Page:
Compiled Chronicles

A software development blog by Angelo Villegas

iOS: UIPasteboard, UIMenuController & UIMenuItem

There are times that you need to copy and paste items on your device, few words won’t be a problem but several paragraphs will. UIPasteboard is a built-in class that allows you to copy items to the pasteboard in iOS and paste it somewhere else. A user then selects an item (e.g., words, images, etc…) from any field where text and images are allowed to be copied and paste the contents currently in the pasteboard. There’s a high chance your app will have data or information that users will need to copy and paste to save it somewhere else such as the Notes app. Flight plans, PDF, images, or a full paragraph, you name it, users are forced to solve problems creatively for lack of a provided solution.

Class API

Let’s look at a simple implementation, and then dive into some specifics about the APIs.

[[UIPasteboard generalPasteboard] setString:self.text];

gerenalPasteboard returns the general pasteboard, which is used for general copy-paste operations. You may use the general pasteboard for copying and pasting text, images, URLs, colors, and other data within an app or between apps. The general pasteboard is persistent across device restarts and app uninstalls. setString: is a setter of the string property that sets the string value of the first pasteboard item. The value stored in this property is an NSString object. The associated array of representation types is UIPasteboardTypeListString, which includes type kUTTypeUTF8PlainText. Setting this property replaces all current items in the pasteboard with the new item. If the first item has no value of the indicated type, nil is returned. There are three ways to initialise an instance of UIPasteboard:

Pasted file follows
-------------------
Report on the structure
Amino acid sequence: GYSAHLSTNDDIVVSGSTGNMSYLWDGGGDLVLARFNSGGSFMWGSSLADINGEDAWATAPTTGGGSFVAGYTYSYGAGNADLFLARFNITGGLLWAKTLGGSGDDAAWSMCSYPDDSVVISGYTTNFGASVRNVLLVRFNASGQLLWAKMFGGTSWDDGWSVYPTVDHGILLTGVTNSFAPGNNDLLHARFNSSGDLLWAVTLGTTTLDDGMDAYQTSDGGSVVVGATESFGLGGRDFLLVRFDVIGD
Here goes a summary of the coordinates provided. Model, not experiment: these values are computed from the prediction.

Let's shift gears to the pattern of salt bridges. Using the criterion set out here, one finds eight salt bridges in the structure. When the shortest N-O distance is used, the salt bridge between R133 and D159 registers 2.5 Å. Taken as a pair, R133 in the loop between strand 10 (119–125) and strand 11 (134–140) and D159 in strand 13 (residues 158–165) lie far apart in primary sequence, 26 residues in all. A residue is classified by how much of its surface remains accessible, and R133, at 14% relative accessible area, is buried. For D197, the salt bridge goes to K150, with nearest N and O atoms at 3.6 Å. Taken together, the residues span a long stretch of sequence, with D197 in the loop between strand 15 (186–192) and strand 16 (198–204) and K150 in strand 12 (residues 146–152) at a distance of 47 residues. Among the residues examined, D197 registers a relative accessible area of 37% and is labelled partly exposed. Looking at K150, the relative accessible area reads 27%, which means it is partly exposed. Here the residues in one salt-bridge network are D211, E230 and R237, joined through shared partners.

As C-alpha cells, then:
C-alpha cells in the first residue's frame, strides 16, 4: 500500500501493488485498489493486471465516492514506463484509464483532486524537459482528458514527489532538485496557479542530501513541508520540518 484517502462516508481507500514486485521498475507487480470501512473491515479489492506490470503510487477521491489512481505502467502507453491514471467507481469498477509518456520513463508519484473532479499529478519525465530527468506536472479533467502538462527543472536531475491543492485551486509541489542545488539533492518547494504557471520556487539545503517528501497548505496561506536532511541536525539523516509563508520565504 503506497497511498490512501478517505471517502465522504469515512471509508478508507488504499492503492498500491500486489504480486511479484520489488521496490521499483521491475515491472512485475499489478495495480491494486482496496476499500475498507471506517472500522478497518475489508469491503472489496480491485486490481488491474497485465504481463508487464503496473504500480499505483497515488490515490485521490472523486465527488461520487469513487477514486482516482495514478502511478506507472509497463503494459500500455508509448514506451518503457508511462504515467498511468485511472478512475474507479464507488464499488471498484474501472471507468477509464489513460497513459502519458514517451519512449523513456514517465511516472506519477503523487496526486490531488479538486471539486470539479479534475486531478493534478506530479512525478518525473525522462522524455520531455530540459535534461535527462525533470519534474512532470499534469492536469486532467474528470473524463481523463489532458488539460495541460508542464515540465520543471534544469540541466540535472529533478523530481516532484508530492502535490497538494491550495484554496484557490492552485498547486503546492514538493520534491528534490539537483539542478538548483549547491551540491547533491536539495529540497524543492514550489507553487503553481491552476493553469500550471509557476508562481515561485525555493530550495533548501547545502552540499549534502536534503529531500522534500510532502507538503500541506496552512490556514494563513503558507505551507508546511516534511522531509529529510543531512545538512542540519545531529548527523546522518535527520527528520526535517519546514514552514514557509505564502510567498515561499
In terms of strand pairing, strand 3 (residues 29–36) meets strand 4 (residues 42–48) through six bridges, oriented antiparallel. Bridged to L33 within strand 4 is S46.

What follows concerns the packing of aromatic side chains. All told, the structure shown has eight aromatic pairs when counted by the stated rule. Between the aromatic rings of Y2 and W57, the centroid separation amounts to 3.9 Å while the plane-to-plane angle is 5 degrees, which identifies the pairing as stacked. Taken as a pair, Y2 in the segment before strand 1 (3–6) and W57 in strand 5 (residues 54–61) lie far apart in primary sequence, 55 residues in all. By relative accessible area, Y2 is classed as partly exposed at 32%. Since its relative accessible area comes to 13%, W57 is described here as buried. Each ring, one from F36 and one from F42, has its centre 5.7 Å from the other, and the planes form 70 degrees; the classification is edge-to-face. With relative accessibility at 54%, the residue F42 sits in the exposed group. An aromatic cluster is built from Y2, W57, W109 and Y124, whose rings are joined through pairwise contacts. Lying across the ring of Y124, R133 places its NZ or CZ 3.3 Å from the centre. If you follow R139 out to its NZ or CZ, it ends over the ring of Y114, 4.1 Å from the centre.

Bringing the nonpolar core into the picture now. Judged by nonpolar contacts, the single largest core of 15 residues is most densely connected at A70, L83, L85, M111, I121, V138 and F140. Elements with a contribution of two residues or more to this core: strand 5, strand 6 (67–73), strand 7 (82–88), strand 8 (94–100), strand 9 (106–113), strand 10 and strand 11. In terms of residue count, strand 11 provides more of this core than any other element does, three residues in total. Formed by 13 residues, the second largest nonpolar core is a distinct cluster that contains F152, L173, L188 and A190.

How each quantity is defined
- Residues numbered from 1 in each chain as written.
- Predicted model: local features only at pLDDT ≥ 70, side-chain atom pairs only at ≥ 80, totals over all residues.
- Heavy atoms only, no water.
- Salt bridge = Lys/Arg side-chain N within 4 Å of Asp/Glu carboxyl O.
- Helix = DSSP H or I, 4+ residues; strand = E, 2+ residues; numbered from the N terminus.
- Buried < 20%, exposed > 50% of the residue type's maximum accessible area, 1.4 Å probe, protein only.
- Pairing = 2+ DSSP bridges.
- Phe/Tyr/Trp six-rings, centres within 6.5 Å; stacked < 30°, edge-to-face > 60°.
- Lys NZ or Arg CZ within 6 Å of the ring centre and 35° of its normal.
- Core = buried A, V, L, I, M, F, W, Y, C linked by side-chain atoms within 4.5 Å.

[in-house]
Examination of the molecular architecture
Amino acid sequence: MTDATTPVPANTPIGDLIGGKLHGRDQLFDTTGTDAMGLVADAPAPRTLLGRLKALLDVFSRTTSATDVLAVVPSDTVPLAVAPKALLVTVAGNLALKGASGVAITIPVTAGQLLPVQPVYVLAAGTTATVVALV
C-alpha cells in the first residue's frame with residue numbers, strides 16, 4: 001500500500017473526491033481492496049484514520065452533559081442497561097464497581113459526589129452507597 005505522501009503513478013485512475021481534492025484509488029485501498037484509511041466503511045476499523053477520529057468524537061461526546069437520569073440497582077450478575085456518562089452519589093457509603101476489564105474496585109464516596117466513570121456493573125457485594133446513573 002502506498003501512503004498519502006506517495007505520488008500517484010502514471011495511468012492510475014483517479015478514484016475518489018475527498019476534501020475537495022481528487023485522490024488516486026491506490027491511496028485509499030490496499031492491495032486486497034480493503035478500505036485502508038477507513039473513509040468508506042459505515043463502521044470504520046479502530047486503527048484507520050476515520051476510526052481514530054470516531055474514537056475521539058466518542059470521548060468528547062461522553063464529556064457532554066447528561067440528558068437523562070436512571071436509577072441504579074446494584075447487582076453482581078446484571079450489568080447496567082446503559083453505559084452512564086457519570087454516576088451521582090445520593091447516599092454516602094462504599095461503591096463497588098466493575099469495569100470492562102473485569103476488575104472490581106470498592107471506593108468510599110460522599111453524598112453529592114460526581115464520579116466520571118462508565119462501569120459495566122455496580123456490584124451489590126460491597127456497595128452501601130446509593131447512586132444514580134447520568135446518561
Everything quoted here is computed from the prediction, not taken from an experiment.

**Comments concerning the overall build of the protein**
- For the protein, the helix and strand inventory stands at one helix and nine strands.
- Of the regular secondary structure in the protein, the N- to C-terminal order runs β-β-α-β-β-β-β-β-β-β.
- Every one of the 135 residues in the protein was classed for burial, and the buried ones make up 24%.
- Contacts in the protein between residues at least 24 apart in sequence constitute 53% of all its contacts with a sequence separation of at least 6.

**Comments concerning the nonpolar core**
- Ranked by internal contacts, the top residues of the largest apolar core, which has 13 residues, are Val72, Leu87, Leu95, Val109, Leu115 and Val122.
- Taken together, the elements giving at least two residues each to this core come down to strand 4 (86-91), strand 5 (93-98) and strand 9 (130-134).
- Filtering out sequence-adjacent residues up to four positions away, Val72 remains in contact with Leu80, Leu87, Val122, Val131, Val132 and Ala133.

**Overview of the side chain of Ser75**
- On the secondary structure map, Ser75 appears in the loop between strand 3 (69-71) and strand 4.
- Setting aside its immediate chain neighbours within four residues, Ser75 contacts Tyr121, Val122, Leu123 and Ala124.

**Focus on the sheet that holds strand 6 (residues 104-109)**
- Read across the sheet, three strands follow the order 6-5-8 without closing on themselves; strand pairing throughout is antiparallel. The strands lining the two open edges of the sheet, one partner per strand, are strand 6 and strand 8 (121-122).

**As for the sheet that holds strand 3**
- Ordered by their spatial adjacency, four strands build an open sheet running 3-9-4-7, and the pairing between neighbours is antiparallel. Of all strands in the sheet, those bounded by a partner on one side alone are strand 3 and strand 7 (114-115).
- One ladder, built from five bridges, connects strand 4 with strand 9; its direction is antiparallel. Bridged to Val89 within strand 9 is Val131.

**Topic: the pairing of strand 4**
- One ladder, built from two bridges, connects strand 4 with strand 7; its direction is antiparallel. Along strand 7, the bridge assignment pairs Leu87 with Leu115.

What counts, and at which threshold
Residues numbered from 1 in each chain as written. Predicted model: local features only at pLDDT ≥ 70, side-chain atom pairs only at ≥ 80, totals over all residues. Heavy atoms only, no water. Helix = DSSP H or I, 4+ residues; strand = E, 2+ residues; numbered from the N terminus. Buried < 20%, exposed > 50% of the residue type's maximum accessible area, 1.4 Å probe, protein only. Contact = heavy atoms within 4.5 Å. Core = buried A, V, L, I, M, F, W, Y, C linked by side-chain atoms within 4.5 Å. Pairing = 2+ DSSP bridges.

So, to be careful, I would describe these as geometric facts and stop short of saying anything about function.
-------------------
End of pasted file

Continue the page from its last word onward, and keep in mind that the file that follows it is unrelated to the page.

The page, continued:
+ (UIPasteboard *)generalPasteboard;
+ (UIPasteboard *)pasteboardWithName:(NSString *)pasteboardName create:(BOOL)create;
+ (UIPasteboard *)pasteboardWithUniqueName;

The general pasteboard is persistent across device restarts and app uninstalls.

The first, generalPasteboard was explained above. The second method returns a pasteboard identified by name using the parameter pasteboardName, optionally creating it if it doesn’t exist. The third returns an app pasteboard identified by a unique system-generated name.

Coding in Style

There are different ways of implementing a copy and paste process, subclass or not, it will be your own decision what suits your app best. You can create a button with a method that will copy a certain text from a label or a textview:

- (void)copyButtonPressed:(id)sender
{
    UIPasteboard *generalPasteboard = [UIPasteboard generalPasteboard];
    generalPasteboard.string = self.label.text;
}